I also don’t believe that historians have a clear understanding of the role of the greenbacks in stimulating the expansion of industry in the Civil War era and what the economic effects were on bondholders, so the post-1873 gold deflation, which harmed other asset holders (likely Western and Southern farmers as well as stockholders) and generated Populism and Bryan (and which Friedman calls “the crime of 1873” in an article that was published in the Journal of Economic History), may have been a reaction to the post-Civil War inflation. Godkin writes about his anger at the effects of inflation on redistributing wealth to Jay Gould and others. 

One question that no one has asked is whether there was a relationship between Wall Street and Bryan or the Populists.  Mark Hanna, a high school friend of John D. Rockefeller,  was, of course, McKinley’s close adviser. On the other hand, it may be that the election of McKinley (as propped by Wall Street) was not really opposition to silver, but rather it may have been preemptive and done in the hope for the central bank that was recommended fourteen years later, in 1910, by the same Rockefeller (with Morgan and Kuhn Loeb) interests.  It is unlikely that there is much public information on something like this.

In any case the 1896 election had an opposite dynamic from what today’s pro-inflation banking community offers, and I suspect that something is not being said about who the Populists were and, more importantly, who their opponents were.  Was a central bank being quietly considered by ‘96?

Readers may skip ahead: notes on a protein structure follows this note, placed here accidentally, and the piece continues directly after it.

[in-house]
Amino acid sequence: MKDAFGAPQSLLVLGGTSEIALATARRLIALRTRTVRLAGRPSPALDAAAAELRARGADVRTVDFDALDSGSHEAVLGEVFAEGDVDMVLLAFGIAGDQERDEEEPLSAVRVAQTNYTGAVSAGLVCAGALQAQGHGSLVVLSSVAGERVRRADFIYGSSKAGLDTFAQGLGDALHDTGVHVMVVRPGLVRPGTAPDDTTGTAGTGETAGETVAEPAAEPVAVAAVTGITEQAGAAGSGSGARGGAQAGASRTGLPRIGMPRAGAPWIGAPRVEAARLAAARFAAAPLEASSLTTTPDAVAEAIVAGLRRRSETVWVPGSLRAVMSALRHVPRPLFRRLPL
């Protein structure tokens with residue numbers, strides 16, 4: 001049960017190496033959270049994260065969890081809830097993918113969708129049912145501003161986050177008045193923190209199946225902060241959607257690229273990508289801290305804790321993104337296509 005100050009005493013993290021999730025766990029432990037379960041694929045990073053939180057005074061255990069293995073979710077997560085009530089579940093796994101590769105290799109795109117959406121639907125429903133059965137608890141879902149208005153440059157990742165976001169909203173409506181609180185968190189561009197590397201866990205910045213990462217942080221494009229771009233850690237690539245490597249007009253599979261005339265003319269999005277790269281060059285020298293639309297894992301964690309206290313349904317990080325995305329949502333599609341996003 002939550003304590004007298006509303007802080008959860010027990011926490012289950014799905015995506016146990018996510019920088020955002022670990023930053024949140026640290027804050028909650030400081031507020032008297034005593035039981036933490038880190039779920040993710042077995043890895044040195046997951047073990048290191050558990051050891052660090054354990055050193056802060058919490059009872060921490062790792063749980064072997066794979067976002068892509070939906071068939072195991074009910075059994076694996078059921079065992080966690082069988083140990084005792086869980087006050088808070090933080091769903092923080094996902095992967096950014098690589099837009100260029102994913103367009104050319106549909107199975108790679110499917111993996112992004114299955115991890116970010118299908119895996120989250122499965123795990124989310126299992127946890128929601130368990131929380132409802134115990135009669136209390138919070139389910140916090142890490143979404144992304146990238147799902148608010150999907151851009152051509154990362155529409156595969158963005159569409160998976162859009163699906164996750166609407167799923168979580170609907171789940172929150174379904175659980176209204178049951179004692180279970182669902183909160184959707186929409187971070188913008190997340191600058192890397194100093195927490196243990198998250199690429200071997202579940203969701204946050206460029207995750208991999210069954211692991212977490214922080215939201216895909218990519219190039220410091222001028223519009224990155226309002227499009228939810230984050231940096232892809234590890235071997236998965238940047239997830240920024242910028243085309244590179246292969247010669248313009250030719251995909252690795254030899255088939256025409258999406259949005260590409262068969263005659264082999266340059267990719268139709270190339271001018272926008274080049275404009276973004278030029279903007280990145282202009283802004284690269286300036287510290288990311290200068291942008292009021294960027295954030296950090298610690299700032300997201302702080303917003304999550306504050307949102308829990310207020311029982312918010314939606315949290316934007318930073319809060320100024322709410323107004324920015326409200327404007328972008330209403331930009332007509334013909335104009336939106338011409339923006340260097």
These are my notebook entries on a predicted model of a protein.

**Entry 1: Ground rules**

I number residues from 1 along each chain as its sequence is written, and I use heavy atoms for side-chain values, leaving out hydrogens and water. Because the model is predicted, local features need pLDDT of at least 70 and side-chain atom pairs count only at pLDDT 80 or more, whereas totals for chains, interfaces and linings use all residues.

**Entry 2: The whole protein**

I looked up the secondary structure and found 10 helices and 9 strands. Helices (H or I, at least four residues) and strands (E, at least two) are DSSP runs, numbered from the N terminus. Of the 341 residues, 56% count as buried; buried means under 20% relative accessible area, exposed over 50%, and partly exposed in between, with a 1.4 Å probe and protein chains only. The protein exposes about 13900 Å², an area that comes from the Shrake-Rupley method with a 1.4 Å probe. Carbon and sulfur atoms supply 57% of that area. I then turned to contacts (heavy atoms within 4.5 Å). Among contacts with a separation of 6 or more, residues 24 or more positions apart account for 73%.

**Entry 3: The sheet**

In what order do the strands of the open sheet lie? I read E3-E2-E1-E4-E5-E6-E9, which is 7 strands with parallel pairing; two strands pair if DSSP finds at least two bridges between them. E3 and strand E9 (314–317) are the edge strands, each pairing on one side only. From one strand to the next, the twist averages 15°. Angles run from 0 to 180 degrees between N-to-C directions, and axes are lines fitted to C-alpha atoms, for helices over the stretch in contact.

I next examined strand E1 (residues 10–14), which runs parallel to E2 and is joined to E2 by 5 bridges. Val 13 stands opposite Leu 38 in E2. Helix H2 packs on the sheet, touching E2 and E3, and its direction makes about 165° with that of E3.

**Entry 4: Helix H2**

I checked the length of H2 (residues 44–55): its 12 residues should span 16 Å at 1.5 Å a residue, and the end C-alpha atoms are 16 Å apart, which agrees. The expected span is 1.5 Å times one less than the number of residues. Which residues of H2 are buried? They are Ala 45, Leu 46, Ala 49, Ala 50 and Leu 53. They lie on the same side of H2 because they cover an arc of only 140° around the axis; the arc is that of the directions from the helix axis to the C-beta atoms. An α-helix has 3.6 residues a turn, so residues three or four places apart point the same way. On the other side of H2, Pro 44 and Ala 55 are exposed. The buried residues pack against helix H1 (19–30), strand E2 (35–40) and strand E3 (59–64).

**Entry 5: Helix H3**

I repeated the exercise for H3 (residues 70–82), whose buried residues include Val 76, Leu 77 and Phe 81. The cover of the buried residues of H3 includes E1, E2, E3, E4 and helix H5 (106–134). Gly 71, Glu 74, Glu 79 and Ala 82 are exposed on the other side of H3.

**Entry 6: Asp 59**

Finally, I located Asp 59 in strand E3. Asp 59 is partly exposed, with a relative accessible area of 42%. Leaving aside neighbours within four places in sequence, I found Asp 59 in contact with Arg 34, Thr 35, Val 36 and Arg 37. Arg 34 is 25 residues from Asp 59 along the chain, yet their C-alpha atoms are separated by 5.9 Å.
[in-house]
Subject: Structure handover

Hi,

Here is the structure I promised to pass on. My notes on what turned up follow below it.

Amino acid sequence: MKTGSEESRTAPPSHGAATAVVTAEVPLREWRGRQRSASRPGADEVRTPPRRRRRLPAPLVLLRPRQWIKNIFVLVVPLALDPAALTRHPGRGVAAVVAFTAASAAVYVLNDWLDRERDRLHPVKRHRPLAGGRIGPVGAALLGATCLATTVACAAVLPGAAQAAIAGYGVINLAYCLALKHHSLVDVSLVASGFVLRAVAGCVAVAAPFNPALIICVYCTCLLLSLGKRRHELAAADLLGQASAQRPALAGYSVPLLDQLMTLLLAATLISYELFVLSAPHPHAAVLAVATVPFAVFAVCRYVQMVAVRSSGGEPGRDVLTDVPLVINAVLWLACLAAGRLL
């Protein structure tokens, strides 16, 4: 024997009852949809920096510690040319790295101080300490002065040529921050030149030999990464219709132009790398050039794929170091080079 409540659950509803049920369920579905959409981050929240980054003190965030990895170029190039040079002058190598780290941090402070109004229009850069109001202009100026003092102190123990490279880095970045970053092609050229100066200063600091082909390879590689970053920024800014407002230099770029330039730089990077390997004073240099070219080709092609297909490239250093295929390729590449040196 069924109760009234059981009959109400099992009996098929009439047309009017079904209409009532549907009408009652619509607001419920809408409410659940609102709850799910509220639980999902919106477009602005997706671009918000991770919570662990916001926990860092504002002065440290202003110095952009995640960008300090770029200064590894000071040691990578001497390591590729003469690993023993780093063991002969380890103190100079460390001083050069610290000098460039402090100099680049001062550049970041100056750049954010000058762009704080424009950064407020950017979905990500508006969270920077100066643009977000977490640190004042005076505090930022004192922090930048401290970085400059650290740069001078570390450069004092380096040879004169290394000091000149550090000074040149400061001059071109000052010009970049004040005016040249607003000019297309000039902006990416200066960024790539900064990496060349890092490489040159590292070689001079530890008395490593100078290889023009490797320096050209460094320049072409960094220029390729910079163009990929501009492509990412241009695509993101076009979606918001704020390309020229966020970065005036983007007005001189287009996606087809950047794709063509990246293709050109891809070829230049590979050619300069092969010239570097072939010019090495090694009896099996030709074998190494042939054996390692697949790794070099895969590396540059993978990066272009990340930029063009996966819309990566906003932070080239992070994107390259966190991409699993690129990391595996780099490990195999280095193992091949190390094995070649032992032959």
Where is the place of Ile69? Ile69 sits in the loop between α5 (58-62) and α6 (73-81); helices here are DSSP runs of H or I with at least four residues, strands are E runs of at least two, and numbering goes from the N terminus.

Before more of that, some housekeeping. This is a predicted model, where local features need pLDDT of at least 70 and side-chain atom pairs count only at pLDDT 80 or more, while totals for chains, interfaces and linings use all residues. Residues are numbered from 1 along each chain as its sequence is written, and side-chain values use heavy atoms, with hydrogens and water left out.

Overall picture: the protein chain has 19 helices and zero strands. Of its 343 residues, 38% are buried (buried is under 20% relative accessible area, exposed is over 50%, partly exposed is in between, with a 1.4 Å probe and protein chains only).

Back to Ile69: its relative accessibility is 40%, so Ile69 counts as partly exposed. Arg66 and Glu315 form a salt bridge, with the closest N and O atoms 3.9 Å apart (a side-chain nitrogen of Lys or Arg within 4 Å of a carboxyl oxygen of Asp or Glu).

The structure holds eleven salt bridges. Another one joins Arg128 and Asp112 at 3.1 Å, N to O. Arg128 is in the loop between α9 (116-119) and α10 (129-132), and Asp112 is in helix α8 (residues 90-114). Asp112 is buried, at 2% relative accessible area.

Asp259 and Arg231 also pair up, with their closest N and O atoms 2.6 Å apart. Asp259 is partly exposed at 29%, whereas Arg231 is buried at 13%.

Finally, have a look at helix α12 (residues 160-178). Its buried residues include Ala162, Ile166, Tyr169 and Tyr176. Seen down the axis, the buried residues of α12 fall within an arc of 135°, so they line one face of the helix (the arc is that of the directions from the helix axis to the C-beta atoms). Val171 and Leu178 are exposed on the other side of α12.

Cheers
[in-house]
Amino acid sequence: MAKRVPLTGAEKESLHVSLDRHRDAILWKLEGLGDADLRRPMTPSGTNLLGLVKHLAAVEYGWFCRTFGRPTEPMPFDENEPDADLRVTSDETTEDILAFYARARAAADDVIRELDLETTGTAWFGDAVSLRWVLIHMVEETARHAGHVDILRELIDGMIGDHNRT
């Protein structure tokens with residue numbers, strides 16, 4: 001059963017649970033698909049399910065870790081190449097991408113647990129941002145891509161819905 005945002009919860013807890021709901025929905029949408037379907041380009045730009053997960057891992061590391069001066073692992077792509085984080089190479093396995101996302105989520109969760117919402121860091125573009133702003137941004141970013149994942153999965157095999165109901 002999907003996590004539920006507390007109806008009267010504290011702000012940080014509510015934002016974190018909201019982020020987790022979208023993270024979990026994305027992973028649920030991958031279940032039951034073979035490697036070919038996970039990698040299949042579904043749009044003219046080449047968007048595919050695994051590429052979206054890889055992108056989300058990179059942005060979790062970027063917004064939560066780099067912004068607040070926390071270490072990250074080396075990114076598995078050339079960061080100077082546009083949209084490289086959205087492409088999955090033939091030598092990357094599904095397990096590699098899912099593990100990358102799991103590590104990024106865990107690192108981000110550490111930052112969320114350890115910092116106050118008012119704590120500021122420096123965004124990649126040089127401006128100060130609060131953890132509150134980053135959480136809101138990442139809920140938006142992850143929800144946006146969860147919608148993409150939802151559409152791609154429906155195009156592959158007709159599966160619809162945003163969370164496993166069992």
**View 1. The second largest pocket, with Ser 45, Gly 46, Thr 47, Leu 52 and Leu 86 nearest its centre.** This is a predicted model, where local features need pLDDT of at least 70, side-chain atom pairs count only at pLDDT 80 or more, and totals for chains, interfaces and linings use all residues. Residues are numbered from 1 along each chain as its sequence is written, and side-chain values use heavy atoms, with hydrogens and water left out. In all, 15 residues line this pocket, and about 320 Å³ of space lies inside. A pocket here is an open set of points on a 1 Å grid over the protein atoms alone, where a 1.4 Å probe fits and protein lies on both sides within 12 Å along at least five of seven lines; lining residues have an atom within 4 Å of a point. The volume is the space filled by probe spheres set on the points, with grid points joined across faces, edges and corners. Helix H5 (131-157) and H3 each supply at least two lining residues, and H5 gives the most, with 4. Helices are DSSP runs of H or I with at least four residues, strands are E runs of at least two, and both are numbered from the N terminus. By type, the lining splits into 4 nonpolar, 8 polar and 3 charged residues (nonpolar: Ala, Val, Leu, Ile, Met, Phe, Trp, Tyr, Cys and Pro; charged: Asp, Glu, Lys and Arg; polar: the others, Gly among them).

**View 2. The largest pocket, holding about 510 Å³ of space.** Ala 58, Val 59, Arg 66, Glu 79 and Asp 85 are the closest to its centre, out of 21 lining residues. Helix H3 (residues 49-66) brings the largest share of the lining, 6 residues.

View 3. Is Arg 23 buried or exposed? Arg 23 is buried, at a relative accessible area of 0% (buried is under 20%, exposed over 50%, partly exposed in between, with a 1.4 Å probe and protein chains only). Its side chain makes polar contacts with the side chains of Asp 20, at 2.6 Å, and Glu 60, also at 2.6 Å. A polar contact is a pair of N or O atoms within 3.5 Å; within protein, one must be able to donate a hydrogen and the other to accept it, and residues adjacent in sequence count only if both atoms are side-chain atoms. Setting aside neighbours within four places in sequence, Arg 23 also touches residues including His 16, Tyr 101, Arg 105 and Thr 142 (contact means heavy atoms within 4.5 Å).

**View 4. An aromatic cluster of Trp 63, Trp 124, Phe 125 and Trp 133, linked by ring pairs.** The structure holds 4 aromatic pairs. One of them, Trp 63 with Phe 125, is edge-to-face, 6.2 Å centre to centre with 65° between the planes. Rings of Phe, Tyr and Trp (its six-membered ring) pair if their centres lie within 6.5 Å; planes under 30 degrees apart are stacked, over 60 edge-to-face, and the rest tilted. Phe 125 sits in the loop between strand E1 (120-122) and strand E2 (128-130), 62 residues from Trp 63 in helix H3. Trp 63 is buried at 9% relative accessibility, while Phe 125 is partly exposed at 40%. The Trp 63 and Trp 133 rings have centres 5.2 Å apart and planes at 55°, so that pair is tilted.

The same is true of the conflict within the Democratic Party between Bryan and the Bourbon Democrats,* of whom Cleveland was the chief representative. Wilson had been a Bourbon Democrat, and I think that he voted for a third party, the Gold Democrats, in 1896.  His connection to Morgan is mentioned in my paper on colleges, and I suspect that his signing of the Federal Reserve Act came from his relationship with Morgan.  An interesting point in the biography of Frank Vanderlip is that Wilson dropped him as a friend, and Wilson would have nothing to do with Vanderlip once Wilson was elected. Wilson did not want to seem to be linked to bankers.  I wonder who thought up that plan of action.  Wilson went from voting for gold in 1896 to refusing to have to do with bankers so he could propose the Federal Reserve Bank.  As a result of secrecy, it may be hard to get data. But was the opposition of the banking community to silver a strategic one?

*Wikipedia: Bourbon Democrat was a term used in the United States from 1876 to 1904 to refer to a conservative or classical liberal member of the Democratic Party, especially one who supported Charles O'Conor in 1872, Samuel J. Tilden in 1876, President Grover Cleveland in 1884–1888/1892–1896 and Alton B. Parker in 1904. After 1904, the Bourbons faded away. Woodrow Wilson, who had been a Bourbon, made a deal in 1912 with the leading opponent of the Bourbons, William Jennings Bryan; Bryan endorsed Wilson for the Democratic nomination, and Wilson named Bryan Secretary of State. The term "Bourbon" was mostly used disparagingly, by critics complaining of old-fashioned viewpoints.

No comments: